Today my teacher showed me that the pentatonic major scale has modes. I kind of knew it already, but actually putting two and two together didn't exactly happen in my head. Are these named off of the scale degree like the major scale modes, or do they even have names at all?
Quote by Mazzakazza
Play Meshuggah. It is the solution.
yes
So then the modes of F major pentatonic would be F Ionian Pentatonic, G Dorian pentatonic, A Phrygian pentatonic, C Mixolydian pentatonic, and D Aeolian pentatonic?
Quote by Mazzakazza
Play Meshuggah. It is the solution.
I'd think you would just take the pentatonic formula and apply it to each note.
to utahotc

Pentatonics technically have modes. Technically. As they are a scale, and as every scale has its own modes, pentatonics have modes.

But...

You wouldn't apply the modes of the pentatonic scale the same way as the major scale. Only two of the pentatonic modes (major and minor) can be used to build triad chords. And any way, why? Wouldnt you rather use the major scale and its modes, which can all be used to build triads, and use 7 non accidental notes instead of just 5?

And to answer your question, some people call the modes of the pentatonic scale by weird ambigious names, IE pentatonic minor, pentatonic major, pentatonic neutral and pentatonic suspended (thats NOT in order and theres another one). Some people, if not most, call the the modes just 1st, 2nd and third.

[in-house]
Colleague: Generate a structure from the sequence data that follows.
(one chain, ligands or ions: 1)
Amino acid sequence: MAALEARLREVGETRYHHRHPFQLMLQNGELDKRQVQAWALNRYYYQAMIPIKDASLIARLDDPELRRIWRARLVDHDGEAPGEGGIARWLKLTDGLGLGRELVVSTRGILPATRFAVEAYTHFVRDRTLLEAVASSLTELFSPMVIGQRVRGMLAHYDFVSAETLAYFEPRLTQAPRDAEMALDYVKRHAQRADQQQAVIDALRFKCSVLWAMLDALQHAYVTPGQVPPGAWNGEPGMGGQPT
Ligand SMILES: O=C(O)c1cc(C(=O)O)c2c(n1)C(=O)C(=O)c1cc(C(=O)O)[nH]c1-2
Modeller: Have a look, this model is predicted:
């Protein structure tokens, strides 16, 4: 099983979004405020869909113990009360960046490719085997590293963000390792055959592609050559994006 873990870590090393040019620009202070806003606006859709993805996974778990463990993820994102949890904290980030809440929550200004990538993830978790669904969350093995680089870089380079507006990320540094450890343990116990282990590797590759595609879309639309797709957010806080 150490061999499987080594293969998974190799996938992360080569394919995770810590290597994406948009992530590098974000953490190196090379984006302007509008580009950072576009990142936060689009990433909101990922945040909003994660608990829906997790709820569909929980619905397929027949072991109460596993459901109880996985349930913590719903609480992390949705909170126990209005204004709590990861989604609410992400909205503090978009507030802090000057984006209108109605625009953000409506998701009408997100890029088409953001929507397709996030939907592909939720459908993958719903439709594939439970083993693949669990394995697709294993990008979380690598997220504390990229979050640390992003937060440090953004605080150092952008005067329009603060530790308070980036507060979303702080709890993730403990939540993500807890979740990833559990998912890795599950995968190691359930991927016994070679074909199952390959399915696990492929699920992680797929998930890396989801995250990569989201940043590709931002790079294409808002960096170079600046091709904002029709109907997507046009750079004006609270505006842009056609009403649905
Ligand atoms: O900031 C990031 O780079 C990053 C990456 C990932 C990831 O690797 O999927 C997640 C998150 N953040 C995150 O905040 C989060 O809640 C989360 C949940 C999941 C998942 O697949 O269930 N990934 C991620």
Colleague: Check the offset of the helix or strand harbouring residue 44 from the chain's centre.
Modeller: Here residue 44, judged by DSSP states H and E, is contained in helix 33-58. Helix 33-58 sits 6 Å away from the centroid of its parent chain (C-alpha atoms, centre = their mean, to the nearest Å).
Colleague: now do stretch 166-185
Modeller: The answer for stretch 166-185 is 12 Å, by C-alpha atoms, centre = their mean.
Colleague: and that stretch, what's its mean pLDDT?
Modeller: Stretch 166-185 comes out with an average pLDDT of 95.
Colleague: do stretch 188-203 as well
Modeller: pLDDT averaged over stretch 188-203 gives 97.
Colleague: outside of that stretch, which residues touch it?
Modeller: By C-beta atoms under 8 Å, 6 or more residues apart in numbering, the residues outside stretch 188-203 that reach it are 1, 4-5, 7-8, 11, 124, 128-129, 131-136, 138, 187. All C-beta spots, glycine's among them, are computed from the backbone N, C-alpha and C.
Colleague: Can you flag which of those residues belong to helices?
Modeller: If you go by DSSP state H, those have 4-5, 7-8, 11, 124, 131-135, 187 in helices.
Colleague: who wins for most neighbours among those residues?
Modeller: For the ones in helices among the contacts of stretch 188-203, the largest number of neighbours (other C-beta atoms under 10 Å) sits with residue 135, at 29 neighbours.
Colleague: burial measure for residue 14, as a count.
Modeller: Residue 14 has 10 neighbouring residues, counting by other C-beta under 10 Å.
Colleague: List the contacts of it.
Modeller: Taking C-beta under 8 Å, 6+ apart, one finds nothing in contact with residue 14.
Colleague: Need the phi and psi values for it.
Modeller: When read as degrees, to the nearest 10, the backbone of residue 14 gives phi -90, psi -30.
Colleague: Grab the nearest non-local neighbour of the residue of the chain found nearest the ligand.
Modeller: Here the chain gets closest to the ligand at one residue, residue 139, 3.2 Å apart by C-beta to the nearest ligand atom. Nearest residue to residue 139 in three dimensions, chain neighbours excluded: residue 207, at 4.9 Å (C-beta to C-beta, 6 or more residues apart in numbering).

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Last edited by demonofthenight at Nov 8, 2007,
Spamwise, I think you're wrong. I think. I read in a guitar magazine that the major pentatonic uses the same notes as the minor pentatonic, therefore resulting in different scale degrees. To show you what I mean: E minor pentatonic: E G A B D. Now, the relative major is G major. So the G major pentatonic, using those same notes, is G A B D E. The degrees are now 1, 2, 3, 5 and 6. Now, I could be wrong, and the magazine I got that information from wrong, but I doubt it. I'm pretty sure that's how it works. Anyone else know for sure?
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Quote by Skater901
Spamwise, I think you're wrong. I think. I read in a guitar magazine that the major pentatonic uses the same notes as the minor pentatonic, therefore resulting in different scale degrees. To show you what I mean: E minor pentatonic: E G A B D. Now, the relative major is G major. So the G major pentatonic, using those same notes, is G A B D E. The degrees are now 1, 2, 3, 5 and 6. Now, I could be wrong, and the magazine I got that information from wrong, but I doubt it. I'm pretty sure that's how it works. Anyone else know for sure?

well yeah all major scales have their relative minor scale and vice versa which is what that is. Just A major and F# minor have the same notes, and D and B minor have the same notes, etc.